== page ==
5. The solar concentrator according to claim 1, wherein each of said reflectors is made of two pieces of sheets, one piece of sheet including the first elongated section, the first panel, the second panel and a third elongated section sequentially connected; and the other piece of the sheet including the second elongated section and the third panel sequentially and integrally connected; wherein the third section is stacked with the second section and both sections are fixed to the base.
6. The solar concentrator according to claim 1, wherein the first panel is bent with a compressive force below the elastic limit of the material.
7. The solar concentrator according to claim 1, wherein the second panel of each of the reflector includes a plurality of elongated stripes separated by openings.
8. The solar concentrator according to claim 7, wherein the openings provide access to the space under said reflector for reparation purpose.
9. The solar concentrator according to claim 7, wherein at least one strip has a cross-sectionally curved surface.
10. The solar concentrator according to claim 7, wherein said plurality of strips of the second panel are parallel to each other and in the direction vertical to the dihedral edge between the first panel and the second panel when the reflector is not collapsed.
11. The solar concentrator according to claim 7, wherein the first section, the first panel, the second panel, the second section and the third panel of each of the reflectors are sequentially connected and made of one piece of sheet.
12. The solar concentrator according to claim 7, wherein the third panel tends to pivot toward the base absent external force so that when the reflector is deployed, the first panel pivots away from the base, the third panel applies pressure on the dihedral edge between the first panel and the second panel.
13. The solar concentrator according to claim 7, wherein each of said reflectors is made of two pieces of sheets, one piece of sheet including the first elongated section, the first panel, the second panel and a third elongated section sequentially and integrally connected; and the other piece of the sheet including the second elongated section and the third panel sequentially and integrally connected, wherein the third section is stacked with the second section and both are fixed to the base.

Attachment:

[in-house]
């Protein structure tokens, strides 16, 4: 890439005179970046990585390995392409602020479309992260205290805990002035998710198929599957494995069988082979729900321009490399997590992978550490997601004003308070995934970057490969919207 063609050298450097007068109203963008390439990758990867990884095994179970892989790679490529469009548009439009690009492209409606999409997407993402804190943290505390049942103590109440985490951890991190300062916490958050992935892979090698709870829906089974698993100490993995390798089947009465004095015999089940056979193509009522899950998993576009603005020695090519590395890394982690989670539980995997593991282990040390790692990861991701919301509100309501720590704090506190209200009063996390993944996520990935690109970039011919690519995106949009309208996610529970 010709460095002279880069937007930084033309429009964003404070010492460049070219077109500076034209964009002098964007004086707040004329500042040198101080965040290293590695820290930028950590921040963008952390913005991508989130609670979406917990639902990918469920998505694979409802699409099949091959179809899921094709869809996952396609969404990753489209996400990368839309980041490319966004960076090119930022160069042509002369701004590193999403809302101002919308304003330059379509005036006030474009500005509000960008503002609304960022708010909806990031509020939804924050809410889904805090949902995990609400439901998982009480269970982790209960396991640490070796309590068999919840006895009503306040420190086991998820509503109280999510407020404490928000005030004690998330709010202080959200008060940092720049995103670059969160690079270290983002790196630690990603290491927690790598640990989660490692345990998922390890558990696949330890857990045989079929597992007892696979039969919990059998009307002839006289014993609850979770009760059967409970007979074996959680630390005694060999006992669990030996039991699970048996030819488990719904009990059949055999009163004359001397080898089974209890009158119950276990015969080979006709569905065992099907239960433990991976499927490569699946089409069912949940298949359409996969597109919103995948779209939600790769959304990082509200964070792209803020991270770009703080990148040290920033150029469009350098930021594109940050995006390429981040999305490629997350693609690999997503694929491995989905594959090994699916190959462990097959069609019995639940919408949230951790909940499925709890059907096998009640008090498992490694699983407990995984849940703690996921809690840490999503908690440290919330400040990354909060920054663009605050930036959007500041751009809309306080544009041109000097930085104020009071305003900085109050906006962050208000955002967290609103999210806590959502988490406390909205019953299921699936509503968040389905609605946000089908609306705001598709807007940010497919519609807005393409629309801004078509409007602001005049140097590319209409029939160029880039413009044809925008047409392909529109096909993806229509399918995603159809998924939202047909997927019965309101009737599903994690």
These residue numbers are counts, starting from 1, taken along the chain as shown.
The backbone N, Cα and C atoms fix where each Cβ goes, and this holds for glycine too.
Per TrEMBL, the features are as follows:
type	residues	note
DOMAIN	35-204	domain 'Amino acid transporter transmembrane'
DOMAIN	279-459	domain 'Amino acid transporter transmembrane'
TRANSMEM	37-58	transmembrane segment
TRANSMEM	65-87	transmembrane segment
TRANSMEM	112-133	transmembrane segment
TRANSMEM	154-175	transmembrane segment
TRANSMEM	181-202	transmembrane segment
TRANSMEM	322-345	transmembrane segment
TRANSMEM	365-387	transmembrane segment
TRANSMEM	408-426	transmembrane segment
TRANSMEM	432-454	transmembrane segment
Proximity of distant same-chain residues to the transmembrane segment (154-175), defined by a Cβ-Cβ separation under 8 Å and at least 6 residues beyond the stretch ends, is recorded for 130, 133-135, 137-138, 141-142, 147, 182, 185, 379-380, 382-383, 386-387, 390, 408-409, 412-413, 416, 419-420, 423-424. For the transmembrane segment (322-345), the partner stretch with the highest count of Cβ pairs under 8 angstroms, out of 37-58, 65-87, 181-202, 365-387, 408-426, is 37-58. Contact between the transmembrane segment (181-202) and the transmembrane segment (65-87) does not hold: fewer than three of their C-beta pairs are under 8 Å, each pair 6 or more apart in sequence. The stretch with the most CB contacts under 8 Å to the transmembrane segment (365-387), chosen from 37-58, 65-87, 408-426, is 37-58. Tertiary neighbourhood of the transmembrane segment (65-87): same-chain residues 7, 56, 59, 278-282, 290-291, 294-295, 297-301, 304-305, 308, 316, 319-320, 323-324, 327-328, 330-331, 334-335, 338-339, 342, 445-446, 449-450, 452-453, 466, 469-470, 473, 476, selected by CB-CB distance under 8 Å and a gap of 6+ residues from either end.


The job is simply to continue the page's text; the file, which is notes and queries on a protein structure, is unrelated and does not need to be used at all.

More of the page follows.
14. The solar concentrator according to claim 1, wherein the reflector has a stored energy of lower than 0.1 J/m2.
15. The solar concentrator according to claim 1, wherein the reflectors are made of a high strength Titanium alloy.
16. A solar concentrator comprising rows of solar cells alternating with rows of collapsible reflectors to reflect incident energy onto directly adjacent solar cells and a base on which the rows of reflectors and rows of solar cells are mounted, wherein each row of the reflectors comprises:
a sheet having a pair of opposite surfaces with reflective coating on one surface facing away from the base, said sheet comprising:
a pair of parallel edges being fixed to said base and spaced apart, and
a first and a second sides, each being in connection with one of said pair of edges;
wherein, absent external forces, said first side will pivot away from said base and, with the second sides, will form a cross-sectional triangular shape, and upon exertion of compressive force, said first side will pivot toward said base, the second side is capable of being folded towards the base and said sheet will collapse;
wherein the first side includes integrated ribs of a first thickness surrounding thinner parts of a second thickness.
17. The solar concentrator according to claim 16, wherein said second side includes areas of a third thickness, said second and third thickness being thinner than the first thickness.